Paul Redford is an American television writer and producer.
Redford was a story editor and writer for Aaron Sorkin's Sports Night. He also worked on Sorkin's next series The West Wing. Redford joined the crew in the first season as a story editor and regular writer. Redford and his co-writers (Sorkin and Lawrence O'Donnell) won a Humanitas Prize in the 60 minute category in 2000 for their episode "Take this Sabbath Day". The episode was also nominated for a WGA Award for best episodic drama.
Redford was promoted to co-producer for the second season and continued to write episodes. Redford and Sorkin were again nominated for a WGA Award for best episodic drama for their work on the second season episode "Somebody's Going to Emergency, Somebody's Going to Jail". Part way through the third season Redford was promoted again to producer. He returned as a producer and writer for the fourth season. Redford was nominated a third time for the WGA Award for best episodic drama for his work on the fourth season episode "Game On", which was once again co-written with Sorkin.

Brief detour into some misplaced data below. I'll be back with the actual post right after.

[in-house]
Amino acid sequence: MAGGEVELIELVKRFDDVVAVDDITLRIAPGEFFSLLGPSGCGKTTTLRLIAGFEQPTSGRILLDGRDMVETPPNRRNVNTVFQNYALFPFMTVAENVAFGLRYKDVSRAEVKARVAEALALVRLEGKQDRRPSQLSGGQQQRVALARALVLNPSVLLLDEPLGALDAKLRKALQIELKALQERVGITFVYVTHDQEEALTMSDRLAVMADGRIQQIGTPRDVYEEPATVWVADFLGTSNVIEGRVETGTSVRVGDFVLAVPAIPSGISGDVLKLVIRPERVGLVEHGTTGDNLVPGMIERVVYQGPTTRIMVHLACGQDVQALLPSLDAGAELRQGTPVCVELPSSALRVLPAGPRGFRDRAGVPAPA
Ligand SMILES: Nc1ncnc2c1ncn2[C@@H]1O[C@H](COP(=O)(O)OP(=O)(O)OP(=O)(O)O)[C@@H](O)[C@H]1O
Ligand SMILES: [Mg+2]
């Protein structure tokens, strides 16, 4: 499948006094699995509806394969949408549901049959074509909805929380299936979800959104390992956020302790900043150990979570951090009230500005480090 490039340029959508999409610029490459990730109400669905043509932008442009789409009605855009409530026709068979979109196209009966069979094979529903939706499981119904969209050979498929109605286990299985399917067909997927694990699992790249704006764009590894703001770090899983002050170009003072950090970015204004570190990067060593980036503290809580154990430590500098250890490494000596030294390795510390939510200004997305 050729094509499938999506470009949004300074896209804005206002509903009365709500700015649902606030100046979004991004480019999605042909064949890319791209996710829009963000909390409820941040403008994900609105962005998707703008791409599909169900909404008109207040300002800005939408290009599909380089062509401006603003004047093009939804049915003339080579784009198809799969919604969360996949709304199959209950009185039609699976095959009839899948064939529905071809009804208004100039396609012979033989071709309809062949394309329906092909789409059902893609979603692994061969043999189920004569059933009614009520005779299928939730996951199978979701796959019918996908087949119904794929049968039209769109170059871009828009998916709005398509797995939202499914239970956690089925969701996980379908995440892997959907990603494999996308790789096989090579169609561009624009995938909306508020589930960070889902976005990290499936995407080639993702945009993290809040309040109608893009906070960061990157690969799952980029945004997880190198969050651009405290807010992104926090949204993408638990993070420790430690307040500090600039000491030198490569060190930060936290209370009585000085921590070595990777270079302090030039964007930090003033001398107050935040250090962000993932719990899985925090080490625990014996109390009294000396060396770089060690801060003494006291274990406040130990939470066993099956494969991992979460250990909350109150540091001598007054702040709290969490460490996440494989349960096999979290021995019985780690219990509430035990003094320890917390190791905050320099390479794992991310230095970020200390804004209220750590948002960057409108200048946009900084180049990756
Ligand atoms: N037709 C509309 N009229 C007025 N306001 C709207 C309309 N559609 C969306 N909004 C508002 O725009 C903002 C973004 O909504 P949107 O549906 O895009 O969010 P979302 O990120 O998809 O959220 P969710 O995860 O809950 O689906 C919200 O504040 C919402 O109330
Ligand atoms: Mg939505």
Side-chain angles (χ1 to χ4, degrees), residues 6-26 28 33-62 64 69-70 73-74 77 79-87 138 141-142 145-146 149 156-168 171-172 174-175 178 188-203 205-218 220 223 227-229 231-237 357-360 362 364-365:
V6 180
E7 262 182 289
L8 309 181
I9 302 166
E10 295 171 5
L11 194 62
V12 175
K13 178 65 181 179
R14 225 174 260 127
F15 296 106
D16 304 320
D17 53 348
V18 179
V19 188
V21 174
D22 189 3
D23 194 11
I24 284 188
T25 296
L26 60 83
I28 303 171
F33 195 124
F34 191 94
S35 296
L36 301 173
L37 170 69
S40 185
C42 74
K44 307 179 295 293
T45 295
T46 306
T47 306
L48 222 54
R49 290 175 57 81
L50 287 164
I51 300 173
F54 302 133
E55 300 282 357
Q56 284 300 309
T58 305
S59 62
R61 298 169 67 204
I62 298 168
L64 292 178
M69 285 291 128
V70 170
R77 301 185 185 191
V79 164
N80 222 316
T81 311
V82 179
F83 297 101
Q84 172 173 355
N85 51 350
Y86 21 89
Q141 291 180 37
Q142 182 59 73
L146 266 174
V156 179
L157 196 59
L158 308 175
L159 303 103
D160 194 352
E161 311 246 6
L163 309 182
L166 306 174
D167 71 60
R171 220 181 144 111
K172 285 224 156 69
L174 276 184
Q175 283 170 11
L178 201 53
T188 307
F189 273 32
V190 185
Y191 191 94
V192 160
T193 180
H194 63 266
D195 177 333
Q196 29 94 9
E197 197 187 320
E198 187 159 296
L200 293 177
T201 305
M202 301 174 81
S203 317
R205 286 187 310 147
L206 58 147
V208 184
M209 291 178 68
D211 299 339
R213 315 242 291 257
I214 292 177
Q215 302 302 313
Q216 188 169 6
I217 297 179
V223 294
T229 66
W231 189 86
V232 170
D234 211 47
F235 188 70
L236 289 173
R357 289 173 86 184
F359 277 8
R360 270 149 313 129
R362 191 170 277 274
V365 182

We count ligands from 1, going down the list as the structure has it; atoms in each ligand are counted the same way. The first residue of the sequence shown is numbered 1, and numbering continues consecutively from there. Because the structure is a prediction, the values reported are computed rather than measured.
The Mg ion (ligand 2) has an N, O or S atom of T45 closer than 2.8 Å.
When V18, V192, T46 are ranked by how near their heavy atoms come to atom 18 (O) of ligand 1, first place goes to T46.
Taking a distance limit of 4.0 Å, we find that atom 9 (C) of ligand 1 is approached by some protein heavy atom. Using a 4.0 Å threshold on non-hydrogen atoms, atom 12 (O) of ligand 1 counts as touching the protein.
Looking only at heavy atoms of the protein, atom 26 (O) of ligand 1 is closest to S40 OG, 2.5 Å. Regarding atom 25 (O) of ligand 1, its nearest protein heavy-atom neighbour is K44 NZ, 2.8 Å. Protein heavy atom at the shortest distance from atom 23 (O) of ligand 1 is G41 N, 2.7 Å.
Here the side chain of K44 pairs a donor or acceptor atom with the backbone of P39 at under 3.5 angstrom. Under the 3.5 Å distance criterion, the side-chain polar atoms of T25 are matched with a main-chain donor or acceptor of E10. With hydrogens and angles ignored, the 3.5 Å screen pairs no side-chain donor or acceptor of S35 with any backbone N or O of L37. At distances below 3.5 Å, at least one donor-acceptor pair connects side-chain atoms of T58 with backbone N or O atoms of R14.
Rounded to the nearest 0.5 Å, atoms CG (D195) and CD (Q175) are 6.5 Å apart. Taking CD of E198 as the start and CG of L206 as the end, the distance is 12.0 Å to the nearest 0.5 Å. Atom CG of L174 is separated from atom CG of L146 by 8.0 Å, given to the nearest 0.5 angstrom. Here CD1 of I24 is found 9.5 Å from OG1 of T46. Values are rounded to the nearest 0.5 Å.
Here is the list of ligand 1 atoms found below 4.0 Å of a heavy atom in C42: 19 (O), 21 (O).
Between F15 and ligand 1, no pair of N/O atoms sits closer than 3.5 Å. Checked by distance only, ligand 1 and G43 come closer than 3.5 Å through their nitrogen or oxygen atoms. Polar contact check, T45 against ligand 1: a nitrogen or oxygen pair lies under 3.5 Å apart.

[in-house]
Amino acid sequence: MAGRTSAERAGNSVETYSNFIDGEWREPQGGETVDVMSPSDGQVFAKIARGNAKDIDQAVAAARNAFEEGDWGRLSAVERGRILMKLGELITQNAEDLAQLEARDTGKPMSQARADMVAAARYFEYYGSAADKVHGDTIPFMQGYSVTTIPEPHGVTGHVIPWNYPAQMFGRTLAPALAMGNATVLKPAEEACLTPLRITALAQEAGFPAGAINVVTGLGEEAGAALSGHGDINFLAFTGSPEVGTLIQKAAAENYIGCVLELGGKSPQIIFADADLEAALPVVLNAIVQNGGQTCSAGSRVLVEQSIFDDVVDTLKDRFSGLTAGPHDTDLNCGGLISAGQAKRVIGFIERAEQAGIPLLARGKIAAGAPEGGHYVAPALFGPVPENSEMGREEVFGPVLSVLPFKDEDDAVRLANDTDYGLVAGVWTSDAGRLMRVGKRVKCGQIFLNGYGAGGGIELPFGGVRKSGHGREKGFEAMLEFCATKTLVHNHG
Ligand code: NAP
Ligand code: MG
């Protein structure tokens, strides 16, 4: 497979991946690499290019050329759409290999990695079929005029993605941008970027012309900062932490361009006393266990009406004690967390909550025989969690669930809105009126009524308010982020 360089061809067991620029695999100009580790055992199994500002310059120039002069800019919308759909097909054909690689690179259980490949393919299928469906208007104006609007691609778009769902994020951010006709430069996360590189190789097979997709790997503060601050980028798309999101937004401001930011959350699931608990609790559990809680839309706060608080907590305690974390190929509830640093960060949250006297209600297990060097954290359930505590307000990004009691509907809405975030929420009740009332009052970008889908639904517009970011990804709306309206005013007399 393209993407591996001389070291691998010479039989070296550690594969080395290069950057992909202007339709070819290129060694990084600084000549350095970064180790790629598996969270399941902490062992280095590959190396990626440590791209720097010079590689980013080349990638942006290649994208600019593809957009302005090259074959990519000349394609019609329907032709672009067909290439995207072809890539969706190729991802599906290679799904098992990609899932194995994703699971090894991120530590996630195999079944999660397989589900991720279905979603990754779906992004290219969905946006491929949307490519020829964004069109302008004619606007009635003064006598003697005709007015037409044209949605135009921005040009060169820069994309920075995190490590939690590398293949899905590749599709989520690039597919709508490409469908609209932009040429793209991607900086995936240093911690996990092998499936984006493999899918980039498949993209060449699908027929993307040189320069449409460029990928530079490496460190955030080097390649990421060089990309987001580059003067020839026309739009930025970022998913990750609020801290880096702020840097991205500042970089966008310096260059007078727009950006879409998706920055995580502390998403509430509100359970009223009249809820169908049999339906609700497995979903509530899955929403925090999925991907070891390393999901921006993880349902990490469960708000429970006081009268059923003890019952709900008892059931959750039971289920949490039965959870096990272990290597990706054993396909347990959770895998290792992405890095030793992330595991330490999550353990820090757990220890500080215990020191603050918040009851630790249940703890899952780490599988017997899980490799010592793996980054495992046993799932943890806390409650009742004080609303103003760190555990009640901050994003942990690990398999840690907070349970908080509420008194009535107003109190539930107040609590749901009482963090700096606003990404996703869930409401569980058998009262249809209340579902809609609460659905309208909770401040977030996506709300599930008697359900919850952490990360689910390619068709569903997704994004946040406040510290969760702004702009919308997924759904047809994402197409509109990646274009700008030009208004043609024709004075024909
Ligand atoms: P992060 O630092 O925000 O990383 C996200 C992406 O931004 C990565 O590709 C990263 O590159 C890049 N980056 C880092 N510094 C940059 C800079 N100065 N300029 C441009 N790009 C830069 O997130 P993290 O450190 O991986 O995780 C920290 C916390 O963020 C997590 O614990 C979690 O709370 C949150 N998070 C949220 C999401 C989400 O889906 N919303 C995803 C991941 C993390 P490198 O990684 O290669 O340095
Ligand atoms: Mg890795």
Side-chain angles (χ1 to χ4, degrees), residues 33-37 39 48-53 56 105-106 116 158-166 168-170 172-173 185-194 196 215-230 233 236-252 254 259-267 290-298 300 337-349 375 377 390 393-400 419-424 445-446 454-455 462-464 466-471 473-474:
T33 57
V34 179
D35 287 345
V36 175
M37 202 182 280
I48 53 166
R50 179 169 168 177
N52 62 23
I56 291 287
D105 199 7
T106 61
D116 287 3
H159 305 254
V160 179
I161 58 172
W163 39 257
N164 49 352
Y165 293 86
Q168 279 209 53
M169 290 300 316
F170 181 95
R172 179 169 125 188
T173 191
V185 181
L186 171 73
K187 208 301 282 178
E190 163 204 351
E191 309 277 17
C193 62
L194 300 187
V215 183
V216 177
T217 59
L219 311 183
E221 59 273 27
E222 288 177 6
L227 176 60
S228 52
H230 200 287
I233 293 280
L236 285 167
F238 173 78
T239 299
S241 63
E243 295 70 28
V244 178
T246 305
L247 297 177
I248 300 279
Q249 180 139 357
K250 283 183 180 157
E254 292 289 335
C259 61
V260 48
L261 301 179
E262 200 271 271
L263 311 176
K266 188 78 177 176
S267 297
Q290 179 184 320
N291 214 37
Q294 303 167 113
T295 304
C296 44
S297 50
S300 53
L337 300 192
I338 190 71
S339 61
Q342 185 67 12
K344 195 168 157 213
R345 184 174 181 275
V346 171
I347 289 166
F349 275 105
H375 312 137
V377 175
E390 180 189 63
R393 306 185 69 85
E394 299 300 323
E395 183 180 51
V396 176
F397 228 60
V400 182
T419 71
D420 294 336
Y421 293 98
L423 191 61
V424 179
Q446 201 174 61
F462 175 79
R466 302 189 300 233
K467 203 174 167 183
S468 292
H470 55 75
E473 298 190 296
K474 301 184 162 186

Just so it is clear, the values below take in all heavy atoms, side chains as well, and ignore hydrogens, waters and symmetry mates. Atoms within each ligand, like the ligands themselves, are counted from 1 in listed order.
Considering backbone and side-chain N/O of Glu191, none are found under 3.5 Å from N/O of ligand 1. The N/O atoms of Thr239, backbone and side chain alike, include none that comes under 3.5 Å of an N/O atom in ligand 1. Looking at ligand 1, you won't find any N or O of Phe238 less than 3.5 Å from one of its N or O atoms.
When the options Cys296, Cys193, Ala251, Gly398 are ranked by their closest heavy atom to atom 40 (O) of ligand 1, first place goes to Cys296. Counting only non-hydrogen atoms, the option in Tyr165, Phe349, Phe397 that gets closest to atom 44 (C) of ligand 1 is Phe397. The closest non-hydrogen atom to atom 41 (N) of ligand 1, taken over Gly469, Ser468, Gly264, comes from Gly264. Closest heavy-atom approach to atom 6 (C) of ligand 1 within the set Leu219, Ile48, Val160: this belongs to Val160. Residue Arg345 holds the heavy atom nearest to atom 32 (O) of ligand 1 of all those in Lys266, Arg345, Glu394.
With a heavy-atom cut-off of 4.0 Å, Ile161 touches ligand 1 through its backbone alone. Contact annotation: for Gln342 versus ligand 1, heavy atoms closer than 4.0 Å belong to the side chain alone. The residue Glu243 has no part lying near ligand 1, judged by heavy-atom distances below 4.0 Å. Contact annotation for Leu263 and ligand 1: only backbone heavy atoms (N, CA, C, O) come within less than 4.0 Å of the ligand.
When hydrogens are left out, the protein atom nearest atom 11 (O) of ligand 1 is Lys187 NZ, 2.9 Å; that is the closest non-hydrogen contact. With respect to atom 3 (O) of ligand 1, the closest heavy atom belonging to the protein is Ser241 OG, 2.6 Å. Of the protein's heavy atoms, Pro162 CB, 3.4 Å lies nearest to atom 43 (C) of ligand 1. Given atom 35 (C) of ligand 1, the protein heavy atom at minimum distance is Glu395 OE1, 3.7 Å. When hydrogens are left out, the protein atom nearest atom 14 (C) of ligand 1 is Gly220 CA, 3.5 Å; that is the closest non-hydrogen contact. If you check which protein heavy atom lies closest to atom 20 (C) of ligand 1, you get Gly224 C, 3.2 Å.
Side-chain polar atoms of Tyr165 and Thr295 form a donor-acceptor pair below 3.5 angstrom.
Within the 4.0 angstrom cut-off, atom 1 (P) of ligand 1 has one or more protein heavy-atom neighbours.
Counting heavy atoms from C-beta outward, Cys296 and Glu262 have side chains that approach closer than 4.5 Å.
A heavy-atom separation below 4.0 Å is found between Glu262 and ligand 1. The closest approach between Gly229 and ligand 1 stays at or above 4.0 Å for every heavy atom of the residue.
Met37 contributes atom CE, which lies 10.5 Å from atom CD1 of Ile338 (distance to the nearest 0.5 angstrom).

He was promoted again in the fourth season to supervising producer. Redford and his fellow producers won the Emmy Award for Outstanding Drama Series in 2003 for their work on The West Wing season four. Redford returned as a supervising producer for the fifth season. The production team were nominated for the Emmy Award for Outstanding Drama Series in 2004 for their work on the fifth season.
He went on to work as a co-executive producer for LAX and The Unit. He was an executive producer for short-lived Fox drama Vanished. He was hired by his West Wing and Sports Night colleague Kevin Falls as a consulting producer on Falls' series Journeyman.
In 2008 he joined the crew of Dirty Sexy Money as a writer and co-executive producer. He co-wrote the episode "The Injured Party" (with Sallie Patrick) and wrote the episode "The Unexpected Arrival". The show was canceled after the second season. In 2010 Redford wrote the Big Love fourth season episode "The Greater Good" and was the co-executive producer for two episodes of that series.
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“After Stéphane Mallarmé, after Paul Verlaine, after Gustave Moreau, after Puvis de Chavannes, after our own verse, after all our subtle colour and nervous rhythm, after the faint mixed tints of Conder, what more is possible? After us the Savage God.”
—William Butler Yeats (18651939)